Following the discrimination task, personal and demographic information was collected with the use of two self-report questionnaires. The first was a 10-item survey developed specifically for studies in our lab. Seven items were designed to estimate the participant’s prior exposure to screams in the media, based on his or her agreement with statements regarding the knowledge and consumption of video games, television, and film genres likely to contain screams (e.g., “I watch TV shows where screaming often occurs”). All answers were entered on a five-point scale, where higher ratings indicated greater knowledge or familiarity. The remaining three items gauged the participant’s confidence in making judgments during the experiment and in reading emotions in general (e.g., “I consider myself good at reading emotions in people”). Additionally, information regarding gender, age, first spoken language, and handedness was collected (Materials S1).
Empathy was measured using the Cambridge Behaviour Scale (Baron-Cohen & Wheelwright, 2004), a 40-item questionnaire that assesses cognitive as well as emotional aspects of empathic ability. The resultant Empathy Quotient (EQ) ranges from 0 to 80, with higher EQs corresponding to greater levels of empathy.
Overall accuracy and response latencies
Primary outcome variables derived from the discrimination task included response accuracy (i.e., the proportion of accurate responses) and the corresponding discriminability index (d′) for each participant. The d′ statistic is used in signal detection theory to estimate a participant’s sensitivity to the difference between two different stimulus groups; it is an advantageous measure over percent accuracy because it separates out the effects of a participant’s response biases, which is especially important when stimulus groups are not completely balanced (Macmillan & Creelman, 2004). Each participant’s d′ score was calculated as the difference between the Z-transformed Hit Rate and the Z-transformed False Alarm Rate, where a Hit equated to correctly responding “Same” when the two screams were produced by the same vocalizer (i.e., Duration Modified and Same Vocalizer trials) and a False Alarm entailed incorrectly responding “Same” when two different vocalizers had produced the screams (i.e., Different Vocalizer trials).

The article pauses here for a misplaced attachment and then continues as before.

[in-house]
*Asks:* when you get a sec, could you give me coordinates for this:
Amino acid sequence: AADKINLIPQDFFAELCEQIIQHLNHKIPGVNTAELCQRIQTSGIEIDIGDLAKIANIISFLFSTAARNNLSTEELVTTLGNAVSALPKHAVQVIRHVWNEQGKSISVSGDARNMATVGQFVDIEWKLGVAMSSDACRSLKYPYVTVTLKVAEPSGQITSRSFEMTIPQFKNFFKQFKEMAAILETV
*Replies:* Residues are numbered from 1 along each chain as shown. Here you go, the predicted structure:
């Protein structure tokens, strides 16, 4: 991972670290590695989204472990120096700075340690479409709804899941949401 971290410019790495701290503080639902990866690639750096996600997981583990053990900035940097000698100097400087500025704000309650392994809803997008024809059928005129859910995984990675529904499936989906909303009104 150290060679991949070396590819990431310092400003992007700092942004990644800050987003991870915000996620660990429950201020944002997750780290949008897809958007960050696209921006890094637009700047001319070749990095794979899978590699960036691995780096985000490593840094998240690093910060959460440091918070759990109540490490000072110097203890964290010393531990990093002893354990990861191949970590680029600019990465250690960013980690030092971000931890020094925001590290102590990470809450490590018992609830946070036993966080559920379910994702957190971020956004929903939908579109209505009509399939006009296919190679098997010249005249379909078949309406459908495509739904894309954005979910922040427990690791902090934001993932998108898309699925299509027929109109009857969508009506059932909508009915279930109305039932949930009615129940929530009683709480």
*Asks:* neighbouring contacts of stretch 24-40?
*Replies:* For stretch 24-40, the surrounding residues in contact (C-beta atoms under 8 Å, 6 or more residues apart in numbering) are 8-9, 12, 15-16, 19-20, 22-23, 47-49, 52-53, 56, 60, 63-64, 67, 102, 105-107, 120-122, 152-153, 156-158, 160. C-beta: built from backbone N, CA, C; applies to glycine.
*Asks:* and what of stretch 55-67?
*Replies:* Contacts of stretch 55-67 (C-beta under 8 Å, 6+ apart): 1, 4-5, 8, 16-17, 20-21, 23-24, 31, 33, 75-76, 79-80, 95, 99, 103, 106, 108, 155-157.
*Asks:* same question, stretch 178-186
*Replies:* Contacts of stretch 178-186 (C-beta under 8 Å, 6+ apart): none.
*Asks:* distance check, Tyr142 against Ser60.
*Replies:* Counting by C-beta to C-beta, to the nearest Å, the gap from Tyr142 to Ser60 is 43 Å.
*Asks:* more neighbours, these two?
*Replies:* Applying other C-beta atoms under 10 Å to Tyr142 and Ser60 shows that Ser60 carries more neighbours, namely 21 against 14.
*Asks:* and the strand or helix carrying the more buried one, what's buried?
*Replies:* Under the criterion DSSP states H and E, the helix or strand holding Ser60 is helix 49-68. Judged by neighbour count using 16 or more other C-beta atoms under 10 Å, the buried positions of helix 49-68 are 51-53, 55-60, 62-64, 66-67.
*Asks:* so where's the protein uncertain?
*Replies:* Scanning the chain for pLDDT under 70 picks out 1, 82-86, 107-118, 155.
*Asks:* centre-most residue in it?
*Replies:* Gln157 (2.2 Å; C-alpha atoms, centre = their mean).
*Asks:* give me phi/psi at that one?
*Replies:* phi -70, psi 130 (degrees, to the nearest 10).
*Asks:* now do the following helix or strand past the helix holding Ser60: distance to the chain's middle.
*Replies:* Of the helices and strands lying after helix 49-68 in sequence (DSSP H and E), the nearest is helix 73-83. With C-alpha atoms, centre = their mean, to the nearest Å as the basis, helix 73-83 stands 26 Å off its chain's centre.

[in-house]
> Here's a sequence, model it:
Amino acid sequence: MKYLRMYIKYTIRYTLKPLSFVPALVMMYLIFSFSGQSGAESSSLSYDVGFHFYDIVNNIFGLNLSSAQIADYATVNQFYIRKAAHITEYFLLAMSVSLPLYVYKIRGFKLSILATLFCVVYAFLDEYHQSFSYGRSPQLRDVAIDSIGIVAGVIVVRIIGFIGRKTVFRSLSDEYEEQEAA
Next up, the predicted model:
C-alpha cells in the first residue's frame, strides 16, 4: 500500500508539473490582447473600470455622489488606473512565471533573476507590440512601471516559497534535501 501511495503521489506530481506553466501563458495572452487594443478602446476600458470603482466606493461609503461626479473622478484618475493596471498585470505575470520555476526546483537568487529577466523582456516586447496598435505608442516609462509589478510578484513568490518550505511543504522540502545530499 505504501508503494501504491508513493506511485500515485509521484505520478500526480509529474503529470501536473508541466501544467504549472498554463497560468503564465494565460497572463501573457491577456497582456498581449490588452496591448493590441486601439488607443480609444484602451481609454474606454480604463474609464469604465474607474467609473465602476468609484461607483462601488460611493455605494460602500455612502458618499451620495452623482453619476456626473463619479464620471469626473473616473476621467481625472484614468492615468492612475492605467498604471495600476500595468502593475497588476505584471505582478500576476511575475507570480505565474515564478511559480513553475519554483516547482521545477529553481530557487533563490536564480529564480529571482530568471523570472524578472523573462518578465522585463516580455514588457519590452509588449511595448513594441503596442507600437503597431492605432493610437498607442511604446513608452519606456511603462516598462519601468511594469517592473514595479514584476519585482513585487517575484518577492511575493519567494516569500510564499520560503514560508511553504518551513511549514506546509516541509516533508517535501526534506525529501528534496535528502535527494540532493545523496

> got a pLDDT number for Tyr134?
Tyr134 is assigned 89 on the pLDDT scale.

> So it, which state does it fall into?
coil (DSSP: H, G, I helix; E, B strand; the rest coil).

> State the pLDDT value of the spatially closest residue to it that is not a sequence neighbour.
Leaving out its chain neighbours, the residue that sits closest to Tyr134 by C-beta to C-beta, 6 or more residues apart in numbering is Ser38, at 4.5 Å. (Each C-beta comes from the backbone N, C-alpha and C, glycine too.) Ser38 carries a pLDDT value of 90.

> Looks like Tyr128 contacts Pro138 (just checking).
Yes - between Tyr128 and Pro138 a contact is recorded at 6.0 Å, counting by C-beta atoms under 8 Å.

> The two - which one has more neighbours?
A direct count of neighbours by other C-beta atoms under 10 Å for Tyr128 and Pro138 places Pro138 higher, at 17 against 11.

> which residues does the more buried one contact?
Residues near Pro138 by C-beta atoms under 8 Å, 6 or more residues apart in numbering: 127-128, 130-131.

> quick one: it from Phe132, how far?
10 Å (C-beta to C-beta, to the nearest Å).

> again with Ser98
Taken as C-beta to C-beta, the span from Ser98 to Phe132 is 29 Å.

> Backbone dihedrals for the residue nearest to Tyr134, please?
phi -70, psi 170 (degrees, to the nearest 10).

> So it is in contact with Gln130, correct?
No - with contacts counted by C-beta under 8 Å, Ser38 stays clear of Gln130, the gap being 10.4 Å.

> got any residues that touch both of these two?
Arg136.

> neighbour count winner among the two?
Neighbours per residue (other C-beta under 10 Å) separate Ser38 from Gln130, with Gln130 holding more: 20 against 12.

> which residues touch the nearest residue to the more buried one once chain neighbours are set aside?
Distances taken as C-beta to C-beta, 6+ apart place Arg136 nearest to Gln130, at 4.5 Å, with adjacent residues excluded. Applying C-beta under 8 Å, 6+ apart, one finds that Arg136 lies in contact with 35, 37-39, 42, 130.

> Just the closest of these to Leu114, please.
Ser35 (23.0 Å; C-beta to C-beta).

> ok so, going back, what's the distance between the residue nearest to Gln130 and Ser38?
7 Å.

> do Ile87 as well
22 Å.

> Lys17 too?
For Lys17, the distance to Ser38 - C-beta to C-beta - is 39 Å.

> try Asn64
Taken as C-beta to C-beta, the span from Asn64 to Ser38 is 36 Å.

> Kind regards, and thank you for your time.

Mean response latencies were also calculated for each participant, using only the trials for which the participant responded correctly (Bruyer & Brysbaert, 2011). Responses provided before the second exemplar had finished playing were not included in the analyses reported here, as they were likely to reflect accidental or anticipatory inputs rather than decisions informed by the full comparison of both exemplars. This resulted in the exclusion of 489 trials out of 6,032 trials across all participants. With two exceptions, noted in Results S1, findings did not differ for these analyses and a separate set in which the only exclusions were responses entered before the second exemplar had started playing (precluding any comparison between the exemplars; 26 exclusions).
A principal components analysis (PCA) with varimax rotation was conducted on the Spearman’s correlation matrix obtained from participants’ responses to the questionnaire items. PCA was employed to reduce the number of variables—thereby lowering the number of tests in subsequent regressions—because some of the items were correlated with each other (likely due to probing the same underlying construct; O’Rourke & Hatcher, 2013). The analysis yielded four factors with eigenvalues greater than 1, cumulatively explaining 70.78% of the variance in questionnaire responses (see Table 2). Based on the factor loadings for each questionnaire item, our interpretation of each factor is as follows: F1 (Media) captures exposure to media likely to contain screams, that is, scary movies and television; F2 (Games) captures the tendency to play video games; F3 (Confidence) captures confidence in task performance and in reading emotions generally; and F4 (Movies) captures exposure to movies generally. To assess the effects of these factors on accuracy and response latency, participants’ factor scores were saved and used as predictor variables, along with EQ, in multiple linear regressions with d′ scores and reaction times as the outcome variables.